This books is the first in-depth study on the band Massive Attack, their members and close collaborators.

Author Melissa Chemam looks into Bristol's past to explore how their city helped shape one of the most successful and innovative musical movements of the last 30 years. She has spent 4 years coming to Bristol to interview over 30 artists in order to retell this story.

She starts by describing the influences that led to the formation of an underground scene in Bristol, infused with punk and reggae, through bands like The Pop Group, The Cortinas, Maximum Joy, Black Roots, Talisman, Restriction... 

The author then tells the story of the Wild Bunch, the seminal collective of DJs and graffiti artists that changed bristol completely in the mid-1980s. They were followed by crews like Smith & Mighty, Fresh Four, and joined by graffiti writers such as Inkie and FLX. The Wild Bunch dissolved in 1987 and three of the former members then formed Massive Attack a year later. 

Melissa Chemam gives a unique insight into Massive Attack's work - by main members 3D, Daddy G and Mushroom - as well as into their influences, artwork, collaborations and politics. She also described the way they opened the door for a whole scene, including other Bristol musicians and artists like Portishead, Tricky, Roni Size, and street artist Banksy.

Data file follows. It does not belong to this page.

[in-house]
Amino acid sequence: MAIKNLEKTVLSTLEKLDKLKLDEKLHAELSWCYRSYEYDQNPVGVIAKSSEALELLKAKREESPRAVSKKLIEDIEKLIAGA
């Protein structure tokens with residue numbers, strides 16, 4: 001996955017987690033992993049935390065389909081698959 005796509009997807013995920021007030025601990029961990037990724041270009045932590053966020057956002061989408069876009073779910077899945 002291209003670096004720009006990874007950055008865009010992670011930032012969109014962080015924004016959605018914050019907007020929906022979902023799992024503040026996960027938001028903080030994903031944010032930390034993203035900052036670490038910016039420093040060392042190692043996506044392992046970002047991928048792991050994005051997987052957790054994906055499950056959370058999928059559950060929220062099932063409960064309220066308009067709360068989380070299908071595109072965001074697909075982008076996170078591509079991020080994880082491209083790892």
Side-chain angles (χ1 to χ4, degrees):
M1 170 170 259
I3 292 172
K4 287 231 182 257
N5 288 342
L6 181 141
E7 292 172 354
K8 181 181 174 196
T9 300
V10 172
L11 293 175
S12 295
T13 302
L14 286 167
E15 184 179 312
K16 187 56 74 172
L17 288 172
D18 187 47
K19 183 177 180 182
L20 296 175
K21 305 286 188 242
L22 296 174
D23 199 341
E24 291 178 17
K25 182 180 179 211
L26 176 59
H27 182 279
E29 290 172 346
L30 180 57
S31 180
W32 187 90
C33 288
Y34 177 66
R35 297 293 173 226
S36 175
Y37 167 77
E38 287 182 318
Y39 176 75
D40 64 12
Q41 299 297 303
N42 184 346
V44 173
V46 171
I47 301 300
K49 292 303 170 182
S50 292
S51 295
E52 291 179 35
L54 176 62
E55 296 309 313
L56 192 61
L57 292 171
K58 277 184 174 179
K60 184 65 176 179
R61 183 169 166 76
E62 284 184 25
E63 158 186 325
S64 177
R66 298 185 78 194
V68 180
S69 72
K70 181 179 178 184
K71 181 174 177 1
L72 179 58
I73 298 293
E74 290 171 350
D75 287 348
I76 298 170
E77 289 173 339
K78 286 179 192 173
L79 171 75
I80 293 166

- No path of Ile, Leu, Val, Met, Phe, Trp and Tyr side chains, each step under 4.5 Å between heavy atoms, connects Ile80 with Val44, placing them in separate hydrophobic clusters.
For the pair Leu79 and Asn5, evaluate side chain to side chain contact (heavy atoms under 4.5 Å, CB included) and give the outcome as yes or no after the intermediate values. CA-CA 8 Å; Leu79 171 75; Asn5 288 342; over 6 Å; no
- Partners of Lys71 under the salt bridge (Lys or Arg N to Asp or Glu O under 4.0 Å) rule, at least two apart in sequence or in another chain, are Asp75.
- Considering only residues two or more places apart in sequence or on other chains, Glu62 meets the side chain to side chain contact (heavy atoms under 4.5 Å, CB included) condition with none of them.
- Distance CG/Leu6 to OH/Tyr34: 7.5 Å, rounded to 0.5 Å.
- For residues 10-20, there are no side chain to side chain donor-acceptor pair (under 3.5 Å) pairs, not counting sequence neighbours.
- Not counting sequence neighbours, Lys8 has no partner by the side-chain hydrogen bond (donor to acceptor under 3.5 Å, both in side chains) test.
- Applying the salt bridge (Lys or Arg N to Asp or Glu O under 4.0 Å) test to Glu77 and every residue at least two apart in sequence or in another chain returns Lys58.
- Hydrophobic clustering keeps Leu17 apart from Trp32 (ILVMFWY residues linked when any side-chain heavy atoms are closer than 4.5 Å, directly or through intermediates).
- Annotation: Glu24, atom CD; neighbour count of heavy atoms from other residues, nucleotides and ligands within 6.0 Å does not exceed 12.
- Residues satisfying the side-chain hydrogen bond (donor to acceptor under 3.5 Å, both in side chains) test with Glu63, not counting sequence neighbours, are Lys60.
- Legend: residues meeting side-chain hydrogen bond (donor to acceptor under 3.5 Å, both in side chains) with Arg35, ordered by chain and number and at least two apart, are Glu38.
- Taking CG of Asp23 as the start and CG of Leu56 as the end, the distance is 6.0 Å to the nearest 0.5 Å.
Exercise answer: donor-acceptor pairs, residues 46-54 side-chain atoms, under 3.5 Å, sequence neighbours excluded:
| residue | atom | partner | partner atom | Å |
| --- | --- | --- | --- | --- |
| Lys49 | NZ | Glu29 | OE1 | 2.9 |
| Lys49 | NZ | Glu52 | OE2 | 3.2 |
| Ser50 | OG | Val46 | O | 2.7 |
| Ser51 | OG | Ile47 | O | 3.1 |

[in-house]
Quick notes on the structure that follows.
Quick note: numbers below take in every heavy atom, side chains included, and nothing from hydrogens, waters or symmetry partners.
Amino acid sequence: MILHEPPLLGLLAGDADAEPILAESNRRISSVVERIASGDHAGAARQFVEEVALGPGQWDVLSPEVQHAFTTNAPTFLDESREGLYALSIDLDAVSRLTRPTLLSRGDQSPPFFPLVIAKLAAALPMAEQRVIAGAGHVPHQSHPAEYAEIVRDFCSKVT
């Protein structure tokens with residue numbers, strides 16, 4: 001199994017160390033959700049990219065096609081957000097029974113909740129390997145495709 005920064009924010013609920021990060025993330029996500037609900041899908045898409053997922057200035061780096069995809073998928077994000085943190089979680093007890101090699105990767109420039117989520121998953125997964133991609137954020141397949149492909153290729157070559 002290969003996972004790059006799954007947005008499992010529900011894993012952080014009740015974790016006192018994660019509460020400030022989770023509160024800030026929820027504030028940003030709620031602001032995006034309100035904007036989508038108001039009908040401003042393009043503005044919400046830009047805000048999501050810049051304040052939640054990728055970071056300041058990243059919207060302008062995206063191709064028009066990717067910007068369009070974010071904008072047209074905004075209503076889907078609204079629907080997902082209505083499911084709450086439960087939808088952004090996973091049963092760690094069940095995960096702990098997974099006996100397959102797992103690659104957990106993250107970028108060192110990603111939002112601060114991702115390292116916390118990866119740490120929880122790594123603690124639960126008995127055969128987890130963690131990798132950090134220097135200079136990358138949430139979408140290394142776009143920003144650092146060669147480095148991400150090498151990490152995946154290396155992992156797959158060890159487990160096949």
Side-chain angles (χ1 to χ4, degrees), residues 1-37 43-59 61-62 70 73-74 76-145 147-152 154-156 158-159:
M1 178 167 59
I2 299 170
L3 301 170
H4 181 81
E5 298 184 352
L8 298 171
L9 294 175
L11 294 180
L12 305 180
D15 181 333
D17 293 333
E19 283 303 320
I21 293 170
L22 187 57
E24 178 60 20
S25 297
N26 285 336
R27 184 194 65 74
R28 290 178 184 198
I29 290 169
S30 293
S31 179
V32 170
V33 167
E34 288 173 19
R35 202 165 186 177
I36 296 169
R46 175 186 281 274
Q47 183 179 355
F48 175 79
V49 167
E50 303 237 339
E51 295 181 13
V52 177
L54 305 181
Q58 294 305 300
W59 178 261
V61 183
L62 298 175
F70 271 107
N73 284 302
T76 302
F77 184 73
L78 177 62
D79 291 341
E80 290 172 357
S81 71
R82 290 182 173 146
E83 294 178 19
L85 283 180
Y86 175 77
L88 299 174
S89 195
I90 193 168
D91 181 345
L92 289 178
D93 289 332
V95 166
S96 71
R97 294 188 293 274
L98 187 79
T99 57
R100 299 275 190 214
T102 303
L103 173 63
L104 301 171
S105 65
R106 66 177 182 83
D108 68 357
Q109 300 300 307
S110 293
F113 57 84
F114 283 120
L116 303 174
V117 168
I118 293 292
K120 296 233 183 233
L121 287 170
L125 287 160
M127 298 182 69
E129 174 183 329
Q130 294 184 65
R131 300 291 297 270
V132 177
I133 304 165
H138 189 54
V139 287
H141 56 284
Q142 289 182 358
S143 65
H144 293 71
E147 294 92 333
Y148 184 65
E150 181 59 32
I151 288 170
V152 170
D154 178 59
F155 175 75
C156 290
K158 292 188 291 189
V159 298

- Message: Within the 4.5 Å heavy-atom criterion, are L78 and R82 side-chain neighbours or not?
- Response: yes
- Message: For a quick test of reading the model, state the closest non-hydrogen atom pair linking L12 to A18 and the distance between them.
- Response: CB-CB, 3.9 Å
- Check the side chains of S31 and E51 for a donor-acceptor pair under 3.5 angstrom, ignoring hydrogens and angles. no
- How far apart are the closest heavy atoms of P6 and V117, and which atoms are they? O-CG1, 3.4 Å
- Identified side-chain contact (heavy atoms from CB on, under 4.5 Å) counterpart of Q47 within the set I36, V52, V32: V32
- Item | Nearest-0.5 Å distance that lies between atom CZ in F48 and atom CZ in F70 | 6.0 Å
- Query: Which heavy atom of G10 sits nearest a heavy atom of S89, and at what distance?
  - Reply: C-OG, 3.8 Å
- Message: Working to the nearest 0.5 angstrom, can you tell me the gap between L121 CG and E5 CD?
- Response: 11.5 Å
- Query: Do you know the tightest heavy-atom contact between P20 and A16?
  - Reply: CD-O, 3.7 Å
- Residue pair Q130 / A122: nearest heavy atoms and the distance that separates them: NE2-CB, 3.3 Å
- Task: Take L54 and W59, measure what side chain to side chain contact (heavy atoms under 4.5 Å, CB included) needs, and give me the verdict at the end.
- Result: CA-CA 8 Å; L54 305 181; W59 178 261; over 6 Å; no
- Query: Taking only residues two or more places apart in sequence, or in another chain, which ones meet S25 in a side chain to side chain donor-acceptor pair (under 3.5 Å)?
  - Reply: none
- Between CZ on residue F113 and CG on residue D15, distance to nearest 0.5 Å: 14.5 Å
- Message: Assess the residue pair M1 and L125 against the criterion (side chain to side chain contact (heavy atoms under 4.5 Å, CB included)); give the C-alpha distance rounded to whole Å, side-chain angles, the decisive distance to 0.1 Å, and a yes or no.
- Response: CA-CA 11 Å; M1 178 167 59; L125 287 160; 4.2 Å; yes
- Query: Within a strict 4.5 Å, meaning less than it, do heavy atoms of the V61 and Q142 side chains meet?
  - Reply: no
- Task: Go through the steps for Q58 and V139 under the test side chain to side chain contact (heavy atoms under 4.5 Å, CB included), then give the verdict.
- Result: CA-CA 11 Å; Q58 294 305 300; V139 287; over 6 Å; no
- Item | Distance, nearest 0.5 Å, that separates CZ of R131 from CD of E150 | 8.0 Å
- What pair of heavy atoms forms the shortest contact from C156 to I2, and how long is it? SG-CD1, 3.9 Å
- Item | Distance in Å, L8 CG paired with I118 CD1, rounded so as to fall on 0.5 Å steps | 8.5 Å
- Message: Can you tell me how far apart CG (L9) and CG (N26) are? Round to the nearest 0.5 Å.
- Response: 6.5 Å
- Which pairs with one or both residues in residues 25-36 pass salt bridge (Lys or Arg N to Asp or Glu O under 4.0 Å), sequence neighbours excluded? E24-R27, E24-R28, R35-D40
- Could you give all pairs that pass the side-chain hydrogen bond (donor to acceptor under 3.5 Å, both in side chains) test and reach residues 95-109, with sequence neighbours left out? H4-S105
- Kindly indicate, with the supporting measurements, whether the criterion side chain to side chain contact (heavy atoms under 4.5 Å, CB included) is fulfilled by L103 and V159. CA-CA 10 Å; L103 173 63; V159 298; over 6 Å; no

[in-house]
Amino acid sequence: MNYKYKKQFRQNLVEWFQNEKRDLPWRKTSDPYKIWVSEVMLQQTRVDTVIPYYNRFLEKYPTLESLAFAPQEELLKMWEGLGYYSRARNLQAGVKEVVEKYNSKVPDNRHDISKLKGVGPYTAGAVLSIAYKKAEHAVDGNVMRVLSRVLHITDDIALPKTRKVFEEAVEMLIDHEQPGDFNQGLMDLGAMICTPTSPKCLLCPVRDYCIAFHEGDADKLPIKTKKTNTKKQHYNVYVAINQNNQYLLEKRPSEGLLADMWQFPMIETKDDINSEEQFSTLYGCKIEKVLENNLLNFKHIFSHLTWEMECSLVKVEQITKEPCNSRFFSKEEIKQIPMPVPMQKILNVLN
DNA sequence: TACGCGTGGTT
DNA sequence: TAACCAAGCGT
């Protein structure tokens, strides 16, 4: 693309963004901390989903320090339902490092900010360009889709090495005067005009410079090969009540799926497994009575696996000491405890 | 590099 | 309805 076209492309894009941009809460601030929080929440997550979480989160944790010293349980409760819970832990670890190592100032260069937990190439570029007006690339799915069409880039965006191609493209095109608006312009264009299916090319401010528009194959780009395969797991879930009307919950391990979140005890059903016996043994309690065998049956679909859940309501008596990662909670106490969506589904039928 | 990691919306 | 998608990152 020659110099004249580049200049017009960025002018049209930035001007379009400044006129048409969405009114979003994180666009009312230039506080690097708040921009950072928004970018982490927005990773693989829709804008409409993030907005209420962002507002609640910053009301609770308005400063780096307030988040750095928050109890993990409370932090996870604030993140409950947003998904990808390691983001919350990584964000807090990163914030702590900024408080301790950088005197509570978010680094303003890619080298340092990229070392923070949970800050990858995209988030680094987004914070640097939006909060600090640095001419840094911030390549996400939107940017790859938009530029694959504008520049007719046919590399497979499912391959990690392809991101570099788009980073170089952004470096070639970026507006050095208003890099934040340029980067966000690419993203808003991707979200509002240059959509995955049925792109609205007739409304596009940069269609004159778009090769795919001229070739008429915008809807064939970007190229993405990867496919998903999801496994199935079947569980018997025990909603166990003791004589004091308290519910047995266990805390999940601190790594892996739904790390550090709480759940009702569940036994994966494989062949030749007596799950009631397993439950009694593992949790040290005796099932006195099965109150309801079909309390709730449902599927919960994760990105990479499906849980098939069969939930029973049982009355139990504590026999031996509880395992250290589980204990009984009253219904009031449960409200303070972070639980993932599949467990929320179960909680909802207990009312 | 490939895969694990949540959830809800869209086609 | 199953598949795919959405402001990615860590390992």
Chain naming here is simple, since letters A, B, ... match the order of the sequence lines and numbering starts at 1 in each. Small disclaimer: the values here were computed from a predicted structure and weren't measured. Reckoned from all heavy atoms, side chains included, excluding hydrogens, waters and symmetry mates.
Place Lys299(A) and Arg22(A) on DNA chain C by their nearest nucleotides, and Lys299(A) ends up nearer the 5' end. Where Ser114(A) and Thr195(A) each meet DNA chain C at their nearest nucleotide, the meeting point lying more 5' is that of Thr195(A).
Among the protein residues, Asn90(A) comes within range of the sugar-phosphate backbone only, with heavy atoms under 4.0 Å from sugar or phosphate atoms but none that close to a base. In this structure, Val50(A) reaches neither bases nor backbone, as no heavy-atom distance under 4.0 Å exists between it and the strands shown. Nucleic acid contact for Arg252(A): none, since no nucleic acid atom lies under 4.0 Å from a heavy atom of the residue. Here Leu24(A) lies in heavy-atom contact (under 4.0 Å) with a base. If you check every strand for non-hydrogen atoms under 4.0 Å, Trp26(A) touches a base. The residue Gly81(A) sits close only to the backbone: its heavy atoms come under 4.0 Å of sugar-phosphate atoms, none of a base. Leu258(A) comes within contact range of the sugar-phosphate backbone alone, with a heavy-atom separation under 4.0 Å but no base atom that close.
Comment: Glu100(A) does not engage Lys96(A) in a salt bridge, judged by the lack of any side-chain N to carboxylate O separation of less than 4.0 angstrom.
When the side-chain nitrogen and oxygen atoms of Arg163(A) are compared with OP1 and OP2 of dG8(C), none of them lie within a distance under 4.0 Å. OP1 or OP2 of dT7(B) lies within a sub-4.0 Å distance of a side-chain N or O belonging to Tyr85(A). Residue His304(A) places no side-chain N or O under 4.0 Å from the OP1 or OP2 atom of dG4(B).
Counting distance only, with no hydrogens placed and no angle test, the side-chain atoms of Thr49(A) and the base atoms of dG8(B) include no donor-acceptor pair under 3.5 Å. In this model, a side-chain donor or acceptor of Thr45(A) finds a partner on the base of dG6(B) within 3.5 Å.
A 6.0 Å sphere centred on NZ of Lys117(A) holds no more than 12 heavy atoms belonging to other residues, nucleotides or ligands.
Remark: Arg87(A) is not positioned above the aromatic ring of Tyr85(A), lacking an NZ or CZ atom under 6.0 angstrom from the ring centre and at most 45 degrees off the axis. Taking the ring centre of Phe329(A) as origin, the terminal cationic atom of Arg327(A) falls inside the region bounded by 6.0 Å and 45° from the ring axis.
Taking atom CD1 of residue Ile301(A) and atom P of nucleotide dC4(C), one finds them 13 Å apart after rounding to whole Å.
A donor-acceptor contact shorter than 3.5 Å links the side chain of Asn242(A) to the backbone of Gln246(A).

Over 30 years, Massive Attack sold more than 13 million albums, incorporated influences from different continents, and redefined the way musicians could remain faithful to their underground roots while challenging the music business with an independent spirit.


Bristol at the British Library

Come and listen to us on March 14.

I'll be talking with the brilliant journalist Miranda Sawyer and some of the musicians & artists from the scene will join us, notably Mark Stewart and Inkie!

Cover art from Out of the Comfort Zone

Massive Attack: Out of the Comfort Zone

14 March

Massive Attack, one of the most successful and innovative bands of the last 30 years, were formed in the melting pot city of Bristol.

Journalist and broadcaster Miranda Sawyer talks to Melissa Chemam, the author of a new book on their story.